TESTIMONY OF VIGNESH GANAPATHY POLICY DIRECTOR, AMERICAN CIVIL LIBERTIES UNION OF KANSAS
IN SUPPORT OF HB 2535 KANSAS HOUSE COMMITTEE ON CORRECTIONS AND JUVENILE JUSTICE
FEBRUARY 2, 2018
Thank you, Chair Jennings, and members of the Corrections and Juvenile Justice Committee for affording us the opportunity to provide testimony on HB 2535.
The American Civil Liberties Union (ACLU) of Kansas is a non-partisan, non-political membership organization dedicated to preserving and strengthening the constitutional liberties afforded to every resident of Kansas. We work to preserve and strengthen our constitutional rights and freedoms through policy advocacy, litigation, and education. We proudly serve over 30,000 supporters in Kansas and represent more than 1.6 million supporters nationwide.
The ACLU of Kansas supports HB 2535. The Kansas Constitution and Sixth Amendment to the United States Constitution both guarantee an individual right to speedy trial in any criminal prosecutor. This bill would promote this right by changing the number of days within which a criminal defendant must be brought to trial from 150 to 90 days. Specifically, the ACLU of Kansas supports HB 2535 because:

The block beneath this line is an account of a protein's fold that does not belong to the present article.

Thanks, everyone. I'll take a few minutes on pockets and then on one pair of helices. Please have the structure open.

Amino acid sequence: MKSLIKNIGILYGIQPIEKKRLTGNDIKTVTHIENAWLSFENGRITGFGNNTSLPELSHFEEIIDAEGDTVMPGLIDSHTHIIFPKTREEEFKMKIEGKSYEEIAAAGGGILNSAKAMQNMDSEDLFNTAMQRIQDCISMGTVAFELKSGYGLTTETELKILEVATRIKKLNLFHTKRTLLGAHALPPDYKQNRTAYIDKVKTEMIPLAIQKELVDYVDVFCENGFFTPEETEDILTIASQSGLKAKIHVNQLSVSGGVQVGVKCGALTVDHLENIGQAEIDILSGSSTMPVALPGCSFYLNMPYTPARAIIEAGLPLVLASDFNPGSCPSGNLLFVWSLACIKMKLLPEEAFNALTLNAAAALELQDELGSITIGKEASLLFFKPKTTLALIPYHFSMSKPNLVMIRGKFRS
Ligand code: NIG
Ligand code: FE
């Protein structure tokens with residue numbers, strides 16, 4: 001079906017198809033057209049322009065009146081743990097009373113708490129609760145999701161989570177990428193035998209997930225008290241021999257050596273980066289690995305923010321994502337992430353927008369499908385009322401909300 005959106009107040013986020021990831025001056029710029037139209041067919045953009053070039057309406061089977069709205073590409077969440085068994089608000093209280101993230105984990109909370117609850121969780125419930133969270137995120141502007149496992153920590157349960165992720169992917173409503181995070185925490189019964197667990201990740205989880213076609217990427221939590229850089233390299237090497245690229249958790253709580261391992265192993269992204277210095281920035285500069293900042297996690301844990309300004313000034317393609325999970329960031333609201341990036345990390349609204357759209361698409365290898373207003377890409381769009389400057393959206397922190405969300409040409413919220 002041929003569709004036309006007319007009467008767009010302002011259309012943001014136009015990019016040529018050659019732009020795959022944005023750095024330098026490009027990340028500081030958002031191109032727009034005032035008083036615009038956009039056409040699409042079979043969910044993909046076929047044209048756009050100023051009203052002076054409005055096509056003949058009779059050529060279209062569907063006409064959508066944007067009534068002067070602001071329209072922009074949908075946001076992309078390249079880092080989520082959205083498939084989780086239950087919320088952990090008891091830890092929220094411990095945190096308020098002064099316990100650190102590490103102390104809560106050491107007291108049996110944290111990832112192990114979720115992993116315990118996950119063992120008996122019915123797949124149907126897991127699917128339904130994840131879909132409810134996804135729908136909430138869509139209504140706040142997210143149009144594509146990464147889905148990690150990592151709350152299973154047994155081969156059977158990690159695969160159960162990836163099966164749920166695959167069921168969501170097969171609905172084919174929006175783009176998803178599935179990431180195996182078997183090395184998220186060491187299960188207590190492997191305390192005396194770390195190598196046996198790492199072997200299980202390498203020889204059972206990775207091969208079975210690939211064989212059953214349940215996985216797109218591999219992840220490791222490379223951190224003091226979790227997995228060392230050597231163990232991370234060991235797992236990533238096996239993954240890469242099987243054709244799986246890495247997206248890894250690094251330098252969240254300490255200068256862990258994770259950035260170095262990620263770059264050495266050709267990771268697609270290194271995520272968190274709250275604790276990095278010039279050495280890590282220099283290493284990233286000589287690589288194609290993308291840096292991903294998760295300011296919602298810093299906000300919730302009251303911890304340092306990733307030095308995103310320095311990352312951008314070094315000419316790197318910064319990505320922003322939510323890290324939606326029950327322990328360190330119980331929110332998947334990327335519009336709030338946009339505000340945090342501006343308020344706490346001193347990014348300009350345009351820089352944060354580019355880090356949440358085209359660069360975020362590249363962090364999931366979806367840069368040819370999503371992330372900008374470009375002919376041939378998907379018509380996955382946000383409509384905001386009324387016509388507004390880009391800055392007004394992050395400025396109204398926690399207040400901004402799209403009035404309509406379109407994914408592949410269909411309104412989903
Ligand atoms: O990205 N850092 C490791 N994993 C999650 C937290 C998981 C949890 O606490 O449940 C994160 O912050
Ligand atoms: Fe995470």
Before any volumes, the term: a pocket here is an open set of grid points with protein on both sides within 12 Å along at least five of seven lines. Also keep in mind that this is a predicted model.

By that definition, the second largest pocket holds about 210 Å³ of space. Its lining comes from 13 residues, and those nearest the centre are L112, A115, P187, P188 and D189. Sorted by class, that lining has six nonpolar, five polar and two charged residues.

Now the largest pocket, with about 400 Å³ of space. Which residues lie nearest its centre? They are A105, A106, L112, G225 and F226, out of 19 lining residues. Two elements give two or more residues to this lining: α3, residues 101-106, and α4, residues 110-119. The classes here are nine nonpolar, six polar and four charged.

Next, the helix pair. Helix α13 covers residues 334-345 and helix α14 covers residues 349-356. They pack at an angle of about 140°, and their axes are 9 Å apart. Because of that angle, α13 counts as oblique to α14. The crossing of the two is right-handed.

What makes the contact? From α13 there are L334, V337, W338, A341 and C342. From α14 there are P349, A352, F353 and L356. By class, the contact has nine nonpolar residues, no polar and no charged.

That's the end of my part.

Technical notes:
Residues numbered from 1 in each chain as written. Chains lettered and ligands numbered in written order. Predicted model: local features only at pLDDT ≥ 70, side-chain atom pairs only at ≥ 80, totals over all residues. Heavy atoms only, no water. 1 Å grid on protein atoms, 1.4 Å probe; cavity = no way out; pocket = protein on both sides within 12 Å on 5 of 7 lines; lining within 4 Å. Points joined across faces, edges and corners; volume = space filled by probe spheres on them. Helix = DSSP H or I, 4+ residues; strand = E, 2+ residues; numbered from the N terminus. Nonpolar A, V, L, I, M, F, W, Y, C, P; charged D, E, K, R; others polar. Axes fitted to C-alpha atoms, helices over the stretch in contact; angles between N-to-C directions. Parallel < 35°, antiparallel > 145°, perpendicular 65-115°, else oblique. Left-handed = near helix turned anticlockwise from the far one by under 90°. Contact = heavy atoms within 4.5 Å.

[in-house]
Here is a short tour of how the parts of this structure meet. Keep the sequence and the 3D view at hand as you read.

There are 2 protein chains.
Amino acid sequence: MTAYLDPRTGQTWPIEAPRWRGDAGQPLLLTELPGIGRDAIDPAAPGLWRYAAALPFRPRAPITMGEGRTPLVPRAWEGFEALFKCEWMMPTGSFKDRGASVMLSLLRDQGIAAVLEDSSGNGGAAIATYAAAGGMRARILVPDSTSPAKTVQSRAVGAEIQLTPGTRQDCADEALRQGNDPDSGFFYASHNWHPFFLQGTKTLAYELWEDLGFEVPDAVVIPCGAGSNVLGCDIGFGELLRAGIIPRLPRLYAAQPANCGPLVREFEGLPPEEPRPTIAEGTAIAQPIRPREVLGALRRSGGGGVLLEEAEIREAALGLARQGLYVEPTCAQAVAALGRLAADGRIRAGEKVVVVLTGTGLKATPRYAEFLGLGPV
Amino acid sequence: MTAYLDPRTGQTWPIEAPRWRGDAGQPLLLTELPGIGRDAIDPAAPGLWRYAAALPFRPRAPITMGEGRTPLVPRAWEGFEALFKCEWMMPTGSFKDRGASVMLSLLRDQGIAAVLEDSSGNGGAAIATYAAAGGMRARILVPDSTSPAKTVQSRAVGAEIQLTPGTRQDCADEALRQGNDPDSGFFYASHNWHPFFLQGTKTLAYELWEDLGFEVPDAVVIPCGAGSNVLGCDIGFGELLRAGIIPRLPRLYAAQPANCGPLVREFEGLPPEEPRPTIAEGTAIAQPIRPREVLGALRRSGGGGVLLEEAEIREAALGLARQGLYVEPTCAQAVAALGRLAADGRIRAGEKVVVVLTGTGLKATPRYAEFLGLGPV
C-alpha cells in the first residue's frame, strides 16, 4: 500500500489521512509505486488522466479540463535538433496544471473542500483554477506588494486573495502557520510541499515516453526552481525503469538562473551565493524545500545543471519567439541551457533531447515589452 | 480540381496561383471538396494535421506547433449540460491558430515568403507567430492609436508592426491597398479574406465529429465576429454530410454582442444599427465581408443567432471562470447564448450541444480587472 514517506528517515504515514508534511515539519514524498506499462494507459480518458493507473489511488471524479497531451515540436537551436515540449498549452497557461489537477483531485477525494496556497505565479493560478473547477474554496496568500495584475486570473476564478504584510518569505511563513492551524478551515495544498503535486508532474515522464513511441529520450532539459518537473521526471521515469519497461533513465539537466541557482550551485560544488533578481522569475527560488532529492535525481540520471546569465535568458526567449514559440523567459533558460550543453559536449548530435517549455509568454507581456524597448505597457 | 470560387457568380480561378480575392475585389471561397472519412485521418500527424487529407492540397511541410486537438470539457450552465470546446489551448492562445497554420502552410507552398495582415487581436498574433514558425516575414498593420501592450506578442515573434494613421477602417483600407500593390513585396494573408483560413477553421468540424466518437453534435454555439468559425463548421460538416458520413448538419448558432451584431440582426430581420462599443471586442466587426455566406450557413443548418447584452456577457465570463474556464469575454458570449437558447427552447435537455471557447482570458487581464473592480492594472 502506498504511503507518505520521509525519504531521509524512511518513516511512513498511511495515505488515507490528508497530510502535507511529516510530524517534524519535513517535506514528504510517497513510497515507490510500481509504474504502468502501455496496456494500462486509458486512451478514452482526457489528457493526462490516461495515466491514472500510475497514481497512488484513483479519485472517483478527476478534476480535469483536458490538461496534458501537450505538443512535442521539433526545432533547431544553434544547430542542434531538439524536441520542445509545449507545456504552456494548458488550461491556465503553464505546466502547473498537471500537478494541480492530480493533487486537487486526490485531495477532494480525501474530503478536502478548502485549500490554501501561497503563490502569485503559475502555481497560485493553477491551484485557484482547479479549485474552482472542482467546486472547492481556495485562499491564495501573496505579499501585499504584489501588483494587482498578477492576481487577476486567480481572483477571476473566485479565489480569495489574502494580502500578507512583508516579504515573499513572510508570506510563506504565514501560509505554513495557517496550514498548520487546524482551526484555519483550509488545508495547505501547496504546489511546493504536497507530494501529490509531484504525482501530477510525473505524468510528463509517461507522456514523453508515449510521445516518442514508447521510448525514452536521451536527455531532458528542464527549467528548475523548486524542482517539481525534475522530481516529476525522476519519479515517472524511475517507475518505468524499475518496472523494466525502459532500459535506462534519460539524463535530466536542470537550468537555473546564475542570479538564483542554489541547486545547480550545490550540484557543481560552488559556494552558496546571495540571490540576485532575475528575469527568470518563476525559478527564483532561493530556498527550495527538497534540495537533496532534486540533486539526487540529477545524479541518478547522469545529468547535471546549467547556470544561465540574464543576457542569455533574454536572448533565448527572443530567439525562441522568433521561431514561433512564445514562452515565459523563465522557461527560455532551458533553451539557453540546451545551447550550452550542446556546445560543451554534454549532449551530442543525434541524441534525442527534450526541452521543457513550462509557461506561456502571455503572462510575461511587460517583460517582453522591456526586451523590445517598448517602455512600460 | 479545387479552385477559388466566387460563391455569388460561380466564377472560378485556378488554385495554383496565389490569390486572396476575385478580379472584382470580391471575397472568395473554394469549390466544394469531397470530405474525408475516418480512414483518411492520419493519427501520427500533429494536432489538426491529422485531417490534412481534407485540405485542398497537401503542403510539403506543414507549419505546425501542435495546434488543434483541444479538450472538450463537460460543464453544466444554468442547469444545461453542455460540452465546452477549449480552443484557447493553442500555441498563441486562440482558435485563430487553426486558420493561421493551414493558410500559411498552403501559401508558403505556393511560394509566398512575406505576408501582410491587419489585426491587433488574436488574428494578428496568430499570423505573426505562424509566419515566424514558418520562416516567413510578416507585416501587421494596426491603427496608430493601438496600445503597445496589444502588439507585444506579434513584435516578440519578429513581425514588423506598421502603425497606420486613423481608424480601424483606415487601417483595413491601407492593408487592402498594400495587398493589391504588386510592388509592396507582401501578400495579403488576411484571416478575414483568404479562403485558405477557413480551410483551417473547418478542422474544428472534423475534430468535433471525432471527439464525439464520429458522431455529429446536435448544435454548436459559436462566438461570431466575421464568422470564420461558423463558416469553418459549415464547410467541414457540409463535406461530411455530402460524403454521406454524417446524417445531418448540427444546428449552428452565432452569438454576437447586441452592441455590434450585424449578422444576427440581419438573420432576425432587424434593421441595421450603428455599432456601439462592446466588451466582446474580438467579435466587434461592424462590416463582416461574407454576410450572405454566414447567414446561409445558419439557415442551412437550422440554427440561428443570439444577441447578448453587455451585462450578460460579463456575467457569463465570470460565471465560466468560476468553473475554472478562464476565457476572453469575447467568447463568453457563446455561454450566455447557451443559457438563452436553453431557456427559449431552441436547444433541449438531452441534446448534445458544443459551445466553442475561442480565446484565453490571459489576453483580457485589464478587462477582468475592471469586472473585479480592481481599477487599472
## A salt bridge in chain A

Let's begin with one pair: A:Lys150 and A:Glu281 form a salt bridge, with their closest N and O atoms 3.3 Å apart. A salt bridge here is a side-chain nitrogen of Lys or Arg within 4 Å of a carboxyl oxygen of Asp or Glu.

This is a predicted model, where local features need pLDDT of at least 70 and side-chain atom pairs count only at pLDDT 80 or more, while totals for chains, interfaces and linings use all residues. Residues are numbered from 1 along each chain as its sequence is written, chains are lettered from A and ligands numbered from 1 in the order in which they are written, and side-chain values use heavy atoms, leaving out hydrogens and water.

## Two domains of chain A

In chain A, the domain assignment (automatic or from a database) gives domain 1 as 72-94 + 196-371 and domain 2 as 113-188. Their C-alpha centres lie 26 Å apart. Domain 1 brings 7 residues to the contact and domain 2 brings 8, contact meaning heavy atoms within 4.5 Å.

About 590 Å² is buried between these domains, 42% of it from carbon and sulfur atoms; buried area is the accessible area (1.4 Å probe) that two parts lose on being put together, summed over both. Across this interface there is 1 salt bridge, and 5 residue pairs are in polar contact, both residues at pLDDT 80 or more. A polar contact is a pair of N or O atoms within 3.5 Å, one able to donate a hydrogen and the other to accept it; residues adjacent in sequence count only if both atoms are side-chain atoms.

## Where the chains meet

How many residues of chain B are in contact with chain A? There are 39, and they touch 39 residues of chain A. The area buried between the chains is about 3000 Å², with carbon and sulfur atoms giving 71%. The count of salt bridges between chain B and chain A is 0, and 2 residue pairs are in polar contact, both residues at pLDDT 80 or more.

- Codifying the right to a speedy trial will ensure that this right is not infringed upon based on whether a defendant can afford bond. The current 150 day trial date standard forces defendants awaiting trials and unable to afford bond to spend more time in jail cells. This has the effect of keeping many indigent defendants behind bars for far greater amounts of time than if they could afford to pay bond. According to the Kansas Judicial Branch, the percentage of felony cases pending for more than a year has ballooned to nearly 13 percent in 2017. Longer jail terms bolster the state’s power over the accused and can increase the number of cases that are pled out. The outcome of criminal cases should not be dependent on the defendant’s financial status.
- The criminal justice system in Kansas is already overburdened and under-resourced, but shifting pending cases to county jails is not the answer. Defendants should not pay the price for an efficient justice system with unnecessary pretrial detention and the pressure to plead guilty without any investigation of the facts of the cases. Ensuring that our criminal justice system is adequately managed is a worthy goal, but we cannot achieve that by depriving the accused of their constitutional rights. In addition to vindicating the right to a speedy trial, we urge this committee to consider policy solutions that reduce excessive sentences, and properly provide resources for criminal cases. For example, offering diversion to eligible felony defendants would reduce the strain on Kansas courts and ensure fair treatment.
For these reasons, we urge this committee to support HB 2535.